And, of course, the ever-popular phishing email technique never gets old for bad actors.

As for which industries can find themselves vulnerable or susceptible to a cyberattack, most experts agreed that the manufacturing and professional services industries are most  at risk. Professional services include the engineering, health care and technology industries. Additionally, the financial sector has also experienced a significant number of cyberattack attempts, but its efforts to repel attempts are usually successful.

“The manufacturing and distribution segments both have a high degree of technological dependency and are often reliant on operational
technology, which tends to be more outdated,” said Jamie Schibuk, EVP, head of cyber & professional liability, Arch Insurance. “This makes them much more vulnerable to an attack, which can then result in it becoming much more severe from an operational standpoint.”

Responses Ramp Up

As businesses better understand how bad actors work to infiltrate their systems, this knowledge can be utilized to properly defend against attacks.

With every type of cyberattack, a different response is needed.

“The way that [organizations] deal with these events is very different, because the severity of the events can be very different,” Cujdik said. “It’s not a one-size-fits-all, so it’s important to make those distinctions to be able to tackle this in a meaningful way.”

Before implementing any cybersecurity measures, a business must be able to identify possible exposures or gaps. Once gaps are noted, businesses can then work with their insurers to craft coverages and response plans that check all the boxes.

A major component of a proper cybersecurity practice is employee awareness: “You’re only as strong as your weakest link,” said Ian Walsh, VP and U.S. cyber product leader, QBE North America. “Having annual cyber risk trainings, continuous phishing campaigns and making sure that your user base is aware, especially those people that are touching critical assets … it cannot be emphasized enough.”

Thielen noted that fostering a healthy culture of cybersecurity is imperative to ensure best practices are being prioritized from top to bottom.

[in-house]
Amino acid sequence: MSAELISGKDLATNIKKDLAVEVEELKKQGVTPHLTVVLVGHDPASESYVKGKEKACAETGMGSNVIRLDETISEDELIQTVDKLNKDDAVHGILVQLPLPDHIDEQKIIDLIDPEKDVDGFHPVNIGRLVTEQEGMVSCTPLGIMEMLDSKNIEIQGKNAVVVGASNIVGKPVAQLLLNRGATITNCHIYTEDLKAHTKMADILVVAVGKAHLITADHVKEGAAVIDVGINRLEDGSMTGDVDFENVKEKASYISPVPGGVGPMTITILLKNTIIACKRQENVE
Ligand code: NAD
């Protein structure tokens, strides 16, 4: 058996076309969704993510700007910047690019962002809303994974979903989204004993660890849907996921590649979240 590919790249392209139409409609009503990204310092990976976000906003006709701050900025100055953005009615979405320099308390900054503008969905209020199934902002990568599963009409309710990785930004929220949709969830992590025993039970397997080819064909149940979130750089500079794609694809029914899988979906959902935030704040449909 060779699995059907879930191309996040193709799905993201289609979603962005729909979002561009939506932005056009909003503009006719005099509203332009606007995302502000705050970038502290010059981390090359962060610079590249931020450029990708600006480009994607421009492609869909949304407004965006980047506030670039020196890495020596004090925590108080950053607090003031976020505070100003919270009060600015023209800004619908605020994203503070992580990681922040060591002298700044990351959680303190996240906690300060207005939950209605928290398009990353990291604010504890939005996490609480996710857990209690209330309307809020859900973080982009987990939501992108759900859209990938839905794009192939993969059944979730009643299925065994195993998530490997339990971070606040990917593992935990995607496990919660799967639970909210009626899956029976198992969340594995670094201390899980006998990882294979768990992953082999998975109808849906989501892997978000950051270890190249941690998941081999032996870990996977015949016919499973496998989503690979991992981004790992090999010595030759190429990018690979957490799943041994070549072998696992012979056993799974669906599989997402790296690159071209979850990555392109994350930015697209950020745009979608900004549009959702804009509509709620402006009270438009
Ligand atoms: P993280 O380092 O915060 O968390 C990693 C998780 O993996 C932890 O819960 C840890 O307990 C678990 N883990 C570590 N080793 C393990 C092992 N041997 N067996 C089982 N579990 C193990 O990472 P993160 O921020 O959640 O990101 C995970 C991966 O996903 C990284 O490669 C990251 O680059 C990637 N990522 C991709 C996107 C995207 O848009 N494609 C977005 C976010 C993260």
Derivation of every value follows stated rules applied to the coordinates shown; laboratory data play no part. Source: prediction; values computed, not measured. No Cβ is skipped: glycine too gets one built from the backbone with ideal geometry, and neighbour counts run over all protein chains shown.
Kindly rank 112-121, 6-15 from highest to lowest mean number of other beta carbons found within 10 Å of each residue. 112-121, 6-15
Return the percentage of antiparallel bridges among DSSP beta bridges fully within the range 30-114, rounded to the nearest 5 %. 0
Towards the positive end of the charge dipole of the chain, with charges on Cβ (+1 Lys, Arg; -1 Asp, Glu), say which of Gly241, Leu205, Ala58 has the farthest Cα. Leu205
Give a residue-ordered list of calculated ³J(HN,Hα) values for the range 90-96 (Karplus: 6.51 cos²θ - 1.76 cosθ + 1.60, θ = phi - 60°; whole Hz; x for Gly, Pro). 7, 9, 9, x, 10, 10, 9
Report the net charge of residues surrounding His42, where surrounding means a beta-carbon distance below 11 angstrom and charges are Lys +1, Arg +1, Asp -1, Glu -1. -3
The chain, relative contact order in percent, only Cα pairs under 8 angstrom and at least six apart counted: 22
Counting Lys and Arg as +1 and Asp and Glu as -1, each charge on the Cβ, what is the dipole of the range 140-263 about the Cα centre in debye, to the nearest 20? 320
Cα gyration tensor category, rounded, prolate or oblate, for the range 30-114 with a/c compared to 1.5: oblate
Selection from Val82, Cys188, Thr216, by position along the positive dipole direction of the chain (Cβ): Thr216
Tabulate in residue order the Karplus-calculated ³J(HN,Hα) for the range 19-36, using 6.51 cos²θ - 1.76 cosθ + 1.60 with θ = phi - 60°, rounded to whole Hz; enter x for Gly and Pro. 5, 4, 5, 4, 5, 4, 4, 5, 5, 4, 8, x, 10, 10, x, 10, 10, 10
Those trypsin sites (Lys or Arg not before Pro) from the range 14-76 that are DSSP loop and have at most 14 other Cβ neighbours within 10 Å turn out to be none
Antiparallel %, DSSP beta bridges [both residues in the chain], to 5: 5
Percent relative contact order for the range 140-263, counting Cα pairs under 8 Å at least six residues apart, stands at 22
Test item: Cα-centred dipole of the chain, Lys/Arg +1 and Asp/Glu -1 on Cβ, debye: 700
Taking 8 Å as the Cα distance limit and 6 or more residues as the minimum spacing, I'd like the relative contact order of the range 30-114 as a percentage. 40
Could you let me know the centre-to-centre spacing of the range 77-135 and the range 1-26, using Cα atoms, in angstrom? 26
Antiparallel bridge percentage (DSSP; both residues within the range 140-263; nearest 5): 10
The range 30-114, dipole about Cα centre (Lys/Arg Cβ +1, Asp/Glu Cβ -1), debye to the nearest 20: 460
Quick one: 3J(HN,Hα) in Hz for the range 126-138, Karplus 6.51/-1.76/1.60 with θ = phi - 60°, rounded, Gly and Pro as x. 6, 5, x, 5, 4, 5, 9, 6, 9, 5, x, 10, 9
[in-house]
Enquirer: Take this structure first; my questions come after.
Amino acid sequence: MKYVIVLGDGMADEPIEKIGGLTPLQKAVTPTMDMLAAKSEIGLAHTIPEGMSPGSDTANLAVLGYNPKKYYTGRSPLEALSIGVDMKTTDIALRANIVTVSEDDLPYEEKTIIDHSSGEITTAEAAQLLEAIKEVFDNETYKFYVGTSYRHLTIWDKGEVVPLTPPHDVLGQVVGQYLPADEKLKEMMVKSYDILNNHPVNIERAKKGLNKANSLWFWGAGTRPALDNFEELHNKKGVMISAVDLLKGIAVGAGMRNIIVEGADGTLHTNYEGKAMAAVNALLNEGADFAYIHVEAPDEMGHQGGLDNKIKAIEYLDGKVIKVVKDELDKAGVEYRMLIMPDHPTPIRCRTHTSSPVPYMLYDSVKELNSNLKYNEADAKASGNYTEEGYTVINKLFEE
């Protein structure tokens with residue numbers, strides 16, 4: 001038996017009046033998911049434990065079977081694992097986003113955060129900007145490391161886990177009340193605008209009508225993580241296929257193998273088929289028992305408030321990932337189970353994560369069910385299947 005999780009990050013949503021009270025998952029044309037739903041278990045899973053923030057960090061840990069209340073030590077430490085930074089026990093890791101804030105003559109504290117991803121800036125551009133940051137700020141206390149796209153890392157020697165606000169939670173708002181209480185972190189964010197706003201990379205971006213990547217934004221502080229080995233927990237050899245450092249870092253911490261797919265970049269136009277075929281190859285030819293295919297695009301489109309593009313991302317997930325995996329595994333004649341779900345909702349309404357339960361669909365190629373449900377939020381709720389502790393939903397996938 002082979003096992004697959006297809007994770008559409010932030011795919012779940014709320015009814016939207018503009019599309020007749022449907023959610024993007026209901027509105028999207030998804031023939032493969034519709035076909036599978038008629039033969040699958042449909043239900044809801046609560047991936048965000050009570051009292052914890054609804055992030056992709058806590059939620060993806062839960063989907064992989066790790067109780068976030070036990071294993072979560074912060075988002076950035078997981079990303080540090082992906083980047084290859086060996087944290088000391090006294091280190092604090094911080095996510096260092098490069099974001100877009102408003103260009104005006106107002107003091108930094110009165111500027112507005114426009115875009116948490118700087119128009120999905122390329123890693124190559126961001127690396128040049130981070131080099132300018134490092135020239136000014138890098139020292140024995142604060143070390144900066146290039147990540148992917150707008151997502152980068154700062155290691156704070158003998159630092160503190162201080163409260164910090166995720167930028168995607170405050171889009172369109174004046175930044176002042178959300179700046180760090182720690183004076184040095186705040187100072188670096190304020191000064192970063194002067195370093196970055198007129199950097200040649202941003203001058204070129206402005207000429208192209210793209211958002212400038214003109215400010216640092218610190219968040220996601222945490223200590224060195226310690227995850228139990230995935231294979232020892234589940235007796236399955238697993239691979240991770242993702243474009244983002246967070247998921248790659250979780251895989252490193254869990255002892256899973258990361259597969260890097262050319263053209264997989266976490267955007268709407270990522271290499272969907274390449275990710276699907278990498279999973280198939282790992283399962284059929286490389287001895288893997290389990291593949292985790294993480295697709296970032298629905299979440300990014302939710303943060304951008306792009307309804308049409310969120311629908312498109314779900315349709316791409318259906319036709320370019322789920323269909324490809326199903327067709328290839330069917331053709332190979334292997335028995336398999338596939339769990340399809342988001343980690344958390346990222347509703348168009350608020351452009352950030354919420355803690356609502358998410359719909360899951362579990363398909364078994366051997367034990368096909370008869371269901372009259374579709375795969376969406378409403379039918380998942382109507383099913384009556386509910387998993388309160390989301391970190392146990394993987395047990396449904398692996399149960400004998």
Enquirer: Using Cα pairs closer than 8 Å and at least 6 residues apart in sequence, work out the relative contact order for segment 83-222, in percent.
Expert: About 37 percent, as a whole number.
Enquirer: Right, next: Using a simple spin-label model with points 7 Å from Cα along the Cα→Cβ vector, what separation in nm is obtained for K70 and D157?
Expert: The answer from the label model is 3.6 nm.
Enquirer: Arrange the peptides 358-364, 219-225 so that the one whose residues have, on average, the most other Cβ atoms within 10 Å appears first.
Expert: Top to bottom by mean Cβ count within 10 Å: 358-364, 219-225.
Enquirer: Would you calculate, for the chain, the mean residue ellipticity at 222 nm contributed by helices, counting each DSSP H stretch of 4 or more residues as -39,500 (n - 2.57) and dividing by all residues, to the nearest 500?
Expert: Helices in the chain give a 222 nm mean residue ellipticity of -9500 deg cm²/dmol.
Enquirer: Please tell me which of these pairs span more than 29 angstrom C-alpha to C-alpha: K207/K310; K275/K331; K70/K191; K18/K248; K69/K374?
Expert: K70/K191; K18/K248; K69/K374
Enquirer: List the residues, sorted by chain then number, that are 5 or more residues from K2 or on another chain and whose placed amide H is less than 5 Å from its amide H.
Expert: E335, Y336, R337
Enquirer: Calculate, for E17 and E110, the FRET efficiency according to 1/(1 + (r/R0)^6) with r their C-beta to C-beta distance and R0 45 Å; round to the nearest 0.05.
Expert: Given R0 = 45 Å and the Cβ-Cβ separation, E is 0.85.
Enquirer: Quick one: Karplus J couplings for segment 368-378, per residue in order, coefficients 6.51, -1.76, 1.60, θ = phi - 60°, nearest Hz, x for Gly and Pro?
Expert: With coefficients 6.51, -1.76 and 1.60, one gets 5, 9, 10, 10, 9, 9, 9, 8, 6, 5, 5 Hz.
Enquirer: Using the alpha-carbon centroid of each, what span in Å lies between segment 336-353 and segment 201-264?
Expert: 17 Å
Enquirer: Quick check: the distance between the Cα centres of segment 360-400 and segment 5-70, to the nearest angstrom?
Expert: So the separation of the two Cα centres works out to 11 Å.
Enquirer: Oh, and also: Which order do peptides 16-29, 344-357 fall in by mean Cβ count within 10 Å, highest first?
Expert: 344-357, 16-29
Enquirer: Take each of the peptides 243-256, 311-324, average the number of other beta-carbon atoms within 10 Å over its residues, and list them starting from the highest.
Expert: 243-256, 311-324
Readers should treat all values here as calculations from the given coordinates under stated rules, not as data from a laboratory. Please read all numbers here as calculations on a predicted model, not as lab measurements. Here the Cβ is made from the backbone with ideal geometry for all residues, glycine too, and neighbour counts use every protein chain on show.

“It starts with the board, asking ‘What kind of culture do we want our organization to have from a cybersecurity perspective?’” he said.
“Start there and make it everybody’s job to be accountable and engaged in security … You can invest billions of dollars in security, and you’re still not 100% secure, because people aren’t perfect and can be tricked or coerced into doing things.” This makes education an even more crucial component to top-notch security.

Other prevention measures include MFA, stringent verification methods for information access and the consistent use of strong passwords — “sixteen characters for normal passwords, 25 characters for administrative or highly privileged content,” according to Walsh.

Every business or organization should have a tested incident response plan crafted and ready to be deployed at any moment.

“Having a tested response plan is critical, because what we’ve seen is that an untested plan is essentially having no plan at all,” Trotta said.

Most importantly, businesses need to foster communication with their insurers about their tools and plans to be set in motion should disaster strike.

“[Insureds] should have an insurance carrier that is willing to put in the time to have meaningful dialogue with them ahead of an event,”
Cujdik said. “Starting that relationship, building that trust can be hugely instrumental in how you recover from an event.” &

Emma Brenner is a staff writer with Risk & Insurance. She can be reached at [email protected].